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Programming the union

Five years after the European Commission introduced a set of Joint Programming Initiatives, the approach has been slow to get going. Rebecca Hill examines two JPIs as they try to promote cooperation between nations.

Collaboration and joint funding are perhaps the most overused phrases in European research policy, despite the fact that only 15 per cent of member states’ research budgets are spent on joint projects.

The EU’s Framework programmes might, at first glance, be perfect for fostering transnational cooperation in Europe. But as most of Europe’s public research spending comes from national programmes, effective international collaboration depends on getting national agencies to work well together.

In 2008, the European Commission introduced joint programming in an effort to simplify collaboration outside the Framework programmes and get member states to increase the number of shared priorities. Now that the economic crisis has hit national budgets hard, it seems that European countries are struggling to find resources to allocate to the Joint Programming Initiatives.

The first of the 10 JPIs is on neurodegenerative disease, and 27 countries have signed up so far. Its management committee’s chairman, Philippe Amouyel, speaks very positively about its impact on researchers and the amount of interest it has generated. What’s important, he says, is willingness. If countries are willing to work hard to collaborate and provide funds for the programmes, a JPI “can and will succeed”.

Amouyel acknowledges that there were many years of planning between signing the initial agreement in 2008 and launching the first call in 2011. Common research priorities had to be identified and a strategic research agenda drafted, redrafted and then implemented.

This system has been taken on by the subsequent JPIs, all of which focus on societal challenges such as climate change and healthy lifestyles. The use of such common principles suggests that regular meetings between JPIs would be useful. “It would be great if the chairpersons of the management boards and scientific advisory boards could meet and [talk about] problems, challenges and solutions,” says Herman Goossens, chairman of the scientific advisory board for the JPI on antimicrobial resistance. “We don’t at the moment.”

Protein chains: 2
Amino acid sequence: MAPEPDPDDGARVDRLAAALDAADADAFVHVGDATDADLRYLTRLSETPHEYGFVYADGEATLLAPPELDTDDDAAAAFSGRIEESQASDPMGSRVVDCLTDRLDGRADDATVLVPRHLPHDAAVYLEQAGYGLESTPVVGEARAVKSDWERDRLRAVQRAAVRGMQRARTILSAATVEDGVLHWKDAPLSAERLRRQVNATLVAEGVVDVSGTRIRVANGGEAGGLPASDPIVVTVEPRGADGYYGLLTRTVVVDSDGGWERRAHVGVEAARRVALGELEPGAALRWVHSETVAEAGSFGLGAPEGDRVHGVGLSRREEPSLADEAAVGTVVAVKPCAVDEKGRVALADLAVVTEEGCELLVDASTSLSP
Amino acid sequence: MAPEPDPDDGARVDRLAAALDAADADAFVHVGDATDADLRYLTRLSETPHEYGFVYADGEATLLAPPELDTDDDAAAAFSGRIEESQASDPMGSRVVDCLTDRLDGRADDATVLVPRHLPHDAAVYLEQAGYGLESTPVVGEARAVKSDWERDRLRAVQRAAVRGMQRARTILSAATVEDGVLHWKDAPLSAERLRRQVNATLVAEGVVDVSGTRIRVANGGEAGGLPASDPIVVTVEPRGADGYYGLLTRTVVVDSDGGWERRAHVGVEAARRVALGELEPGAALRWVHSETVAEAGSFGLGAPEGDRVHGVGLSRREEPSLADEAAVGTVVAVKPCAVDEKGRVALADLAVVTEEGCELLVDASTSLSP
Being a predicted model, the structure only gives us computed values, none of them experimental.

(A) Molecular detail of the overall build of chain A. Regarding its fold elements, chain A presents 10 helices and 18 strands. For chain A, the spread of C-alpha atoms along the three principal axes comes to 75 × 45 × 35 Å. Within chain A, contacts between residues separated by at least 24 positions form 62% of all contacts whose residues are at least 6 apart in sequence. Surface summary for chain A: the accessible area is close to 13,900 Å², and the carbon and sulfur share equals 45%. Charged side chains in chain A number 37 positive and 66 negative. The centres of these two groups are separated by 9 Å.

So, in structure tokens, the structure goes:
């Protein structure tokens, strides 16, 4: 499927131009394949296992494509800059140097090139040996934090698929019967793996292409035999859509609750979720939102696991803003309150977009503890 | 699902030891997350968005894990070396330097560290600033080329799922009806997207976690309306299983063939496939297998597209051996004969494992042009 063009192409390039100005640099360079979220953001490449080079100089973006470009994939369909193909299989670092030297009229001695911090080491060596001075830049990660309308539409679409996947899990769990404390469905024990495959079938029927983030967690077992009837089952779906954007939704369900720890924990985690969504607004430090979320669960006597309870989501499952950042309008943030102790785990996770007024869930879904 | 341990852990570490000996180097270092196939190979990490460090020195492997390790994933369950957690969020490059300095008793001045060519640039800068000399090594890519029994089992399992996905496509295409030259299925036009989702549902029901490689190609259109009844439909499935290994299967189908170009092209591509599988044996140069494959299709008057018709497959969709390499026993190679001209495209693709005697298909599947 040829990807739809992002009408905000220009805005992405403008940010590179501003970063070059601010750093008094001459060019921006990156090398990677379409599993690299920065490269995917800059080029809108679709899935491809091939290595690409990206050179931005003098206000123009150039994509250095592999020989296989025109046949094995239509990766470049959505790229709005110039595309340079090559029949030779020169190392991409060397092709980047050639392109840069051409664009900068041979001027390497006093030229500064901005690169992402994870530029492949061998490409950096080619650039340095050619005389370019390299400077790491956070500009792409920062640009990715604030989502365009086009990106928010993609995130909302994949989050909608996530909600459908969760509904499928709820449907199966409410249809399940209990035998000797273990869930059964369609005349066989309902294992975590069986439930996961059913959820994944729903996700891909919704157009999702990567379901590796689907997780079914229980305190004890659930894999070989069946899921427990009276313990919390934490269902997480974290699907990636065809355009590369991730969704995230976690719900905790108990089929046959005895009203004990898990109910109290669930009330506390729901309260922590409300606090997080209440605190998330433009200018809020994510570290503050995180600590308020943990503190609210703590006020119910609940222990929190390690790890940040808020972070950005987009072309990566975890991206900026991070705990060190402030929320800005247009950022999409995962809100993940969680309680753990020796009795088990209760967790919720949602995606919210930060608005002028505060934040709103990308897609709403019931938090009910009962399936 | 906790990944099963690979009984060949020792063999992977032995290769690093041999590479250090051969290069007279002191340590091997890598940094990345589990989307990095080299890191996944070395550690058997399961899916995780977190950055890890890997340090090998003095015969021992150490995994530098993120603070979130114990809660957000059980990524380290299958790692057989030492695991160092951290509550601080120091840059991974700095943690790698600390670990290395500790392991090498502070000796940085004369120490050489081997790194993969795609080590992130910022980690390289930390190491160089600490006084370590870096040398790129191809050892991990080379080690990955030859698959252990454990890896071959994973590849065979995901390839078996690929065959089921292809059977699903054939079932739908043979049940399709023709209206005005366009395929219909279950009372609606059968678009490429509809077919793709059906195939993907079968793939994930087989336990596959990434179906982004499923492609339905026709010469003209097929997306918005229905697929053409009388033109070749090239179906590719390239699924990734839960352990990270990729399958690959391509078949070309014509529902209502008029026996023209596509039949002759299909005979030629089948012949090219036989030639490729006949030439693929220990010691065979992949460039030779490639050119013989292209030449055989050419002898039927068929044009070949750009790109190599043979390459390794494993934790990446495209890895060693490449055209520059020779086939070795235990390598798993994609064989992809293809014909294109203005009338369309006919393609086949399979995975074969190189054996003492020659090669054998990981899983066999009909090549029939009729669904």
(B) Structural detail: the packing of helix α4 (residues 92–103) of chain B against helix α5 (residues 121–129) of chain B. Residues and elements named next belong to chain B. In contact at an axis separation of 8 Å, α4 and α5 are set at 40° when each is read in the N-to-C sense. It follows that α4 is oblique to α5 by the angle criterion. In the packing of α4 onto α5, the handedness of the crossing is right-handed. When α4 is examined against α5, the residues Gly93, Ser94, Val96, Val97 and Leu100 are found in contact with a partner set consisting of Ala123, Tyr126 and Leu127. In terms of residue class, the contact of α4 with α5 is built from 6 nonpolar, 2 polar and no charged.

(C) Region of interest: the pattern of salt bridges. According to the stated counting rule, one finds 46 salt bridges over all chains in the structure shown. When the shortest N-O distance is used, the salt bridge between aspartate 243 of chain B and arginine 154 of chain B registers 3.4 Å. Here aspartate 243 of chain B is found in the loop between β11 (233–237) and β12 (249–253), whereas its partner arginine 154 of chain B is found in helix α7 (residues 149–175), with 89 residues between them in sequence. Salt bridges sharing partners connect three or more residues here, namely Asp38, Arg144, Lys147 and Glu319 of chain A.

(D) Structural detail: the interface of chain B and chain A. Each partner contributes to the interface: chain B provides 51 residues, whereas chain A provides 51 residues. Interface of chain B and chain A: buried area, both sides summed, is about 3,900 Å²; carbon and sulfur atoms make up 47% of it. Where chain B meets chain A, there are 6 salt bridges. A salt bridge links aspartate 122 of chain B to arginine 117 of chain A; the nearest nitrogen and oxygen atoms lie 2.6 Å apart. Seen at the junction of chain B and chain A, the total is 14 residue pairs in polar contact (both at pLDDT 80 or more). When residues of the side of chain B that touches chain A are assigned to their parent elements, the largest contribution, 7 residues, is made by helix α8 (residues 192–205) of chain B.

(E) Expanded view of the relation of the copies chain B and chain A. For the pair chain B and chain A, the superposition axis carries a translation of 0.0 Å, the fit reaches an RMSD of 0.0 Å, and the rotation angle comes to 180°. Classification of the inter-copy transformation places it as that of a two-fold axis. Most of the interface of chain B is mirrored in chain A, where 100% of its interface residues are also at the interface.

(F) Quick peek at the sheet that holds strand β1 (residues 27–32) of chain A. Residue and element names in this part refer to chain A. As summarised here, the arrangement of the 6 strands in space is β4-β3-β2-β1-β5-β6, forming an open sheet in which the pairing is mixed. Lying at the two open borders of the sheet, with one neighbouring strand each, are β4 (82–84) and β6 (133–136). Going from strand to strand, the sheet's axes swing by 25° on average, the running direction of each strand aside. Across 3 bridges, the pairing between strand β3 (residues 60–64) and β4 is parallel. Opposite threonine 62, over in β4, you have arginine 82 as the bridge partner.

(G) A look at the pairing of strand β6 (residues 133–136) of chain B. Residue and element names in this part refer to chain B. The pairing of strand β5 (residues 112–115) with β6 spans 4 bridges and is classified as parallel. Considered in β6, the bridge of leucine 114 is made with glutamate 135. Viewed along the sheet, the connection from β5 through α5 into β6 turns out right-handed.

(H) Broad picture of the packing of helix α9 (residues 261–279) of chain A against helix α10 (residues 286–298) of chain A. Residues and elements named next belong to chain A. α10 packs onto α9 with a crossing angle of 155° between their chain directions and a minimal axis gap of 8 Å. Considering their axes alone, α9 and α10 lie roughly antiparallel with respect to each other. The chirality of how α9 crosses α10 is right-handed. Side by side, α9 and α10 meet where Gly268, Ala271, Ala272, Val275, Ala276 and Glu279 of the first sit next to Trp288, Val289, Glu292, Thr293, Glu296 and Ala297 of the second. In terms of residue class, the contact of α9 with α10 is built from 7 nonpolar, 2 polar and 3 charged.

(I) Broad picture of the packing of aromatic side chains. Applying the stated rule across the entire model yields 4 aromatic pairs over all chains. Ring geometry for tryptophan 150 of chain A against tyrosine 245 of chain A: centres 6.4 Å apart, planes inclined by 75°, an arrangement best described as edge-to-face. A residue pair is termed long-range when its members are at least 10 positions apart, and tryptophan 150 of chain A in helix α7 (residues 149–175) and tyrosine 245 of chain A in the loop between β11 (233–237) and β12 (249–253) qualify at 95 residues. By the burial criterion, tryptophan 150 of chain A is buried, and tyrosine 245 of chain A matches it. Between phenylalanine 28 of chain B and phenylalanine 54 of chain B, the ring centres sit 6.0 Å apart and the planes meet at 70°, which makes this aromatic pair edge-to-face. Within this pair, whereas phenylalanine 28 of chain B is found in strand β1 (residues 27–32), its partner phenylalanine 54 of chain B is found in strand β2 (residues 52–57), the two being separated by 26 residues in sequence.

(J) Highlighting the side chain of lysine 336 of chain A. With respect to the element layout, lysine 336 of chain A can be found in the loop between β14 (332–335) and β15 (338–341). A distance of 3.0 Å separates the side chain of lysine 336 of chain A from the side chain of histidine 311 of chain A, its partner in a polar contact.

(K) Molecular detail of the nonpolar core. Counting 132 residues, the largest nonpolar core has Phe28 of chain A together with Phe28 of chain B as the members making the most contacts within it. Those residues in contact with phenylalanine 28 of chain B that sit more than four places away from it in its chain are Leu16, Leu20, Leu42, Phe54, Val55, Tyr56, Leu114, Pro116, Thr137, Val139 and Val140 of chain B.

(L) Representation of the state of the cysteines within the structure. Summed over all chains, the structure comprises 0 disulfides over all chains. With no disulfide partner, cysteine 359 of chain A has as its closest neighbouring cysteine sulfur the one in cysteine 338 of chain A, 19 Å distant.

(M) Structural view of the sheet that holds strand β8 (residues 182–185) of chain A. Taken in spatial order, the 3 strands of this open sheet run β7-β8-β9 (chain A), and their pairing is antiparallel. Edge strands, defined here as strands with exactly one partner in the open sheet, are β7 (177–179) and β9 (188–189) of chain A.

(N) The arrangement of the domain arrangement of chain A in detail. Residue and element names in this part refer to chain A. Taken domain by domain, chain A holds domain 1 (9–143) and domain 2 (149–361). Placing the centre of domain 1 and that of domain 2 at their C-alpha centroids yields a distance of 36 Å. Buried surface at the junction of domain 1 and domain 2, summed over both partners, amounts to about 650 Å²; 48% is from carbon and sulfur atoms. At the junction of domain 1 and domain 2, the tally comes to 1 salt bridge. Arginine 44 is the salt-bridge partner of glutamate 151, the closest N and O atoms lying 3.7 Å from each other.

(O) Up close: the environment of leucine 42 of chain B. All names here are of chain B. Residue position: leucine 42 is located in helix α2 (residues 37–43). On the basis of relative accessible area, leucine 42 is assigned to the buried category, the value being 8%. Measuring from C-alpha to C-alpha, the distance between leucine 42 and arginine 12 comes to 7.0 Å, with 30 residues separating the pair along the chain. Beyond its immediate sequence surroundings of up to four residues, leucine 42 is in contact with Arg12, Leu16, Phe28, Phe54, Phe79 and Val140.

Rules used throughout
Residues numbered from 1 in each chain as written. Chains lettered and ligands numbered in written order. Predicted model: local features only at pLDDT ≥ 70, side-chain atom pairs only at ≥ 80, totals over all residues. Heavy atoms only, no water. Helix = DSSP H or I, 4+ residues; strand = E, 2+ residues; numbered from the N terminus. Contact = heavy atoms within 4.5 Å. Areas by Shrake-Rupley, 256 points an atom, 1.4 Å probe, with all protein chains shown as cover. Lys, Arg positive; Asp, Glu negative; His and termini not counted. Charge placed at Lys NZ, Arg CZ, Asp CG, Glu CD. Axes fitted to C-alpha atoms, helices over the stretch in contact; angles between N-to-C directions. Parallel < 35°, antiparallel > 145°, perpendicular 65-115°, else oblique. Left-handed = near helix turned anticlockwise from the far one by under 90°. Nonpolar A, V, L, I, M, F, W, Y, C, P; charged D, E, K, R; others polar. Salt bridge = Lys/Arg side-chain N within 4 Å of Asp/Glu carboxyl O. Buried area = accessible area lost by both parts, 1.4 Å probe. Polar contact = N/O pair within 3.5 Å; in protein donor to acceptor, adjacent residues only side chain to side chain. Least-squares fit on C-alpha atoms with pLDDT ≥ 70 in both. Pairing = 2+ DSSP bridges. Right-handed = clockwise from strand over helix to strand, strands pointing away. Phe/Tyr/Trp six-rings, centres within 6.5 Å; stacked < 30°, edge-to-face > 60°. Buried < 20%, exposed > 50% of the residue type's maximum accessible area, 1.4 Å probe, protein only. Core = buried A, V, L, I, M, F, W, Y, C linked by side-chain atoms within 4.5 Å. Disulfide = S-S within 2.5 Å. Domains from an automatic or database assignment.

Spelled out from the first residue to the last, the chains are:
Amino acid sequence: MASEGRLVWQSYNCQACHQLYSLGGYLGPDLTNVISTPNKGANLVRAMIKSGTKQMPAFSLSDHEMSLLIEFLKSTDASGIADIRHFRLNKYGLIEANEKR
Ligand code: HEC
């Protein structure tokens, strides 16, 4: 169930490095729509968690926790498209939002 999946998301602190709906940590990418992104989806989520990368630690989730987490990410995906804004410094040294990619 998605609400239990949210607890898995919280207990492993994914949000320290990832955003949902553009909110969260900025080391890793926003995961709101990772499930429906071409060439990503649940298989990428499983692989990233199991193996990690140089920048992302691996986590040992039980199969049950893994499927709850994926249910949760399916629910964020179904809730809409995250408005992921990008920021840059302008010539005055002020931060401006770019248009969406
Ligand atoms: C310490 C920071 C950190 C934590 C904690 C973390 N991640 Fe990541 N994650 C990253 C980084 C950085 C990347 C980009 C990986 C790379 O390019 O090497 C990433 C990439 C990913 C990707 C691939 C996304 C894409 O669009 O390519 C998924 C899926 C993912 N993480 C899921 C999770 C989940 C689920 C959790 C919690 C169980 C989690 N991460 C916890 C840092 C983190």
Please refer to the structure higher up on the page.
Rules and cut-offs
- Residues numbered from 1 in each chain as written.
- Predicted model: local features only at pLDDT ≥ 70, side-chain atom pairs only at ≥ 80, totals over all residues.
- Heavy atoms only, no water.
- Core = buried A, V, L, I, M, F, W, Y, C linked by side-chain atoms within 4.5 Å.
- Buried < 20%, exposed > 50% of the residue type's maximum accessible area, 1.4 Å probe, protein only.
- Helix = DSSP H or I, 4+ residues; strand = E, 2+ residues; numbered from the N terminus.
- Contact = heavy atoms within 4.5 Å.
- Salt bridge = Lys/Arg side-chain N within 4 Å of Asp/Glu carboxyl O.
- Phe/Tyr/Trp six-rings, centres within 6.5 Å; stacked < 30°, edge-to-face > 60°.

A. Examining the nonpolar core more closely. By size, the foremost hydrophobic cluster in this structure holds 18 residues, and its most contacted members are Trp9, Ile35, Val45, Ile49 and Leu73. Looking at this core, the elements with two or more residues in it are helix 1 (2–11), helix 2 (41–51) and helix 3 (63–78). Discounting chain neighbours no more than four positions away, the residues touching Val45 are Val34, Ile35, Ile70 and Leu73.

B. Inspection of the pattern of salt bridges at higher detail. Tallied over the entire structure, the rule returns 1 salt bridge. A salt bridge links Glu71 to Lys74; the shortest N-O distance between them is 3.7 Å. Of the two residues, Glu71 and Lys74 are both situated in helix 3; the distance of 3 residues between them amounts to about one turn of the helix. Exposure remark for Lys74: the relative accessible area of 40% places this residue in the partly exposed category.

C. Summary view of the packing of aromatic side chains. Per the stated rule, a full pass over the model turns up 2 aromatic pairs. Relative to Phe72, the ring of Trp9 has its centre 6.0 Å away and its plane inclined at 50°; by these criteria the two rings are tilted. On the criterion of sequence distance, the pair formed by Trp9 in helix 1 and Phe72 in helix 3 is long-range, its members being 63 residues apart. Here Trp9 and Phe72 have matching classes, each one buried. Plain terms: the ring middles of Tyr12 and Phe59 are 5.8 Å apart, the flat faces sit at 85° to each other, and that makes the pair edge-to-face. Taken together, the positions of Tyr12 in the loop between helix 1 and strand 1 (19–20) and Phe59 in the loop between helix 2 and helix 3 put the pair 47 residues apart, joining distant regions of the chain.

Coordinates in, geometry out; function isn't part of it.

One challenge Goossens has faced is a difference of opinion on what JPI membership involves. “I think many countries have committed themselves to supporting the JPI, but some haven’t thought about what is expected from them,” he says. “It’s going to take time to get everyone moving in the same direction.”

Another problem for the JPIs has been defining what is meant by joint programming, which is easily misinterpreted. Some JPIs have been criticised for focusing their efforts too much on simply putting out joint calls.

“It’s nice to do joint calls, but it’s just one step on the path,” says Martin Schmid, head of the unit for transnational programmes at Austria’s science ministry. He was part of a team that produced a report on JPIs for the Council of Ministers in February.

As the scheme progresses, the most important point for Schmid is that the JPIs focus on longer-term goals. These should include bringing together the national research programmes and working to assess and identify gaps in the knowledge base. “It’s a difficult thing to do though,” he concedes. “I’m not sure all of the JPIs are on the right track or if they have the right resources to do this.”

The antimicrobial JPI is trying hard to achieve these goals, says Peter Taylor, who is on both the steering committee and management board. He agrees that joint calls should not be the main driver. “One issue we’ve discussed at length is how to better coordinate activities in Europe that aren’t covered by these calls, and to get a better idea of how research is undertaken in the member states. That’s an important part of our job,” he says.

The task of persuading national funding bodies to part with their money falls to the JPIs’ management boards. As with all Pan-European research calls, some countries inevitably put in less cash than others, making diplomacy and political wrangling a large part of the job.

JPI members who don’t contribute cash to a call aren’t eligible for funding, but decision-making is a competitive process and there is no guarantee of a successful proposal just because a country adds to the pot. Amouyel says that one call by his JPI led to only five of 57 applications being funded. He says he tried to persuade unsuccessful countries to work with a funded project through fellowships or postdoctoral grants, in an effort to retain their investment.

Goossens says it remains to be seen whether the JPIs will succeed in the long term. “I’m a strong believer in the concept, but there have been other interesting [EU] instruments that haven’t been successful.”

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